By Al Munzer
Chair, Board of Trustees, Action for Smoking and Health (ASH)
The WHO Framework Convention on Tobacco Control (FCTC) was developed in response to globalisation of the tobacco epidemic, and has been widely embraced by the world community. The FCTC now includes 176 parties, representing 88.6 percent of the world’s population.
However despite much early enthusiasm, the success of the convention is threatened by failure to engage all segments of governments in tobacco control, thus preventing the implementation of proven, effective tobacco control measures, particularly an increase in taxes on tobacco products.
The convention is also endangered by international trade and intellectual property rights agreements invoked by the tobacco industry, which could be interpreted as superseding domestic law; by an absence of resources for tobacco control beyond those provided by philanthropies; and by the failure of some countries to endorse the convention.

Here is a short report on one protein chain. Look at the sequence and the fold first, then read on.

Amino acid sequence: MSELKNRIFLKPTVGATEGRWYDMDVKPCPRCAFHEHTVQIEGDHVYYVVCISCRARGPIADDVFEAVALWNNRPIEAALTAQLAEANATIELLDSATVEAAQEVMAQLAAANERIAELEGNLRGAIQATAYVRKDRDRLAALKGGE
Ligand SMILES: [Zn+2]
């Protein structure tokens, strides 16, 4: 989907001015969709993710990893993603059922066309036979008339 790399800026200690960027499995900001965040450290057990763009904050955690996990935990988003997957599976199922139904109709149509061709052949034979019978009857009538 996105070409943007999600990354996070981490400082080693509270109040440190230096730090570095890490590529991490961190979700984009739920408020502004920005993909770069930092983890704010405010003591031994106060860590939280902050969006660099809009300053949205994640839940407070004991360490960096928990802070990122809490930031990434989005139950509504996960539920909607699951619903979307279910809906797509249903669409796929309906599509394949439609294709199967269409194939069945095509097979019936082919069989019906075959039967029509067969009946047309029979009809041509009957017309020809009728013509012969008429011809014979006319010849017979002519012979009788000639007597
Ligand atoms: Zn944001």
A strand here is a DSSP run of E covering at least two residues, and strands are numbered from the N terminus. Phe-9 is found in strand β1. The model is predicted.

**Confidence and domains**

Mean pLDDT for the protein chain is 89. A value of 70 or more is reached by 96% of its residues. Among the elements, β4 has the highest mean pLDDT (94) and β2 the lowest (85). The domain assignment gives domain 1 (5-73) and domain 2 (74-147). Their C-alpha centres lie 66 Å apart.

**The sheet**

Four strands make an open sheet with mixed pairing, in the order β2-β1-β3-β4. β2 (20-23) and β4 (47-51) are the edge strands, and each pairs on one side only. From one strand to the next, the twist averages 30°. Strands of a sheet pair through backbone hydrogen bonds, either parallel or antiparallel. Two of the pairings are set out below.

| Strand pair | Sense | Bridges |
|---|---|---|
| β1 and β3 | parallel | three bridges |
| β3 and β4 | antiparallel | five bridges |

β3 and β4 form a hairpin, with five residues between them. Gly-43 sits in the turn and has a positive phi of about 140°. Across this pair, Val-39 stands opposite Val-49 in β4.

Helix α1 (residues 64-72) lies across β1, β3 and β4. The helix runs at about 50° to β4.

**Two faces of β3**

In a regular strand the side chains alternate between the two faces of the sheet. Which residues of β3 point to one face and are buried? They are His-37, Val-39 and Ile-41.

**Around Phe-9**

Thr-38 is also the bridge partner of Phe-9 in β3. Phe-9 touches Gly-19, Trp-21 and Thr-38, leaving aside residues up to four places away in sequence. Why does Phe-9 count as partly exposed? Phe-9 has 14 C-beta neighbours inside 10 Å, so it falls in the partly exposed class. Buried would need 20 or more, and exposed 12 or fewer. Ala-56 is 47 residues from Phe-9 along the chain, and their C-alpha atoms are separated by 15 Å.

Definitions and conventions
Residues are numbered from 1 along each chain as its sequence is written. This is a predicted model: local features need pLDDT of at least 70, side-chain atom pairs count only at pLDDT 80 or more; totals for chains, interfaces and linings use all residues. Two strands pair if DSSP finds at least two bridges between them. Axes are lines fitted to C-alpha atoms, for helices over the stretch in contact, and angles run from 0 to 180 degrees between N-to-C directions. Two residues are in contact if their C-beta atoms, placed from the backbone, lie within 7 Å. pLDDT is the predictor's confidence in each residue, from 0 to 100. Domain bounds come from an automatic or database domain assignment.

If the objective of the FCTC is to be met, tobacco control cannot be left to health ministries alone. Instead, it must be integrated in all government programmes and agencies, including those that deal with taxation and commerce, and woven into the whole fabric of international relations, especially international trade and mutual assistance.
For that to happen:
• The international community should stop protecting the tobacco industry and promoting its exports, and move to exclude tobacco from all free trade and intellectual property agreements.
• Donor countries should incorporate tobacco control in all bilateral and multilateral assistance programmes.
Tobacco is a uniquely lethal product; implementation of the WHO FCTC will bring us closer to a world free from premature death, disease, hunger and poverty.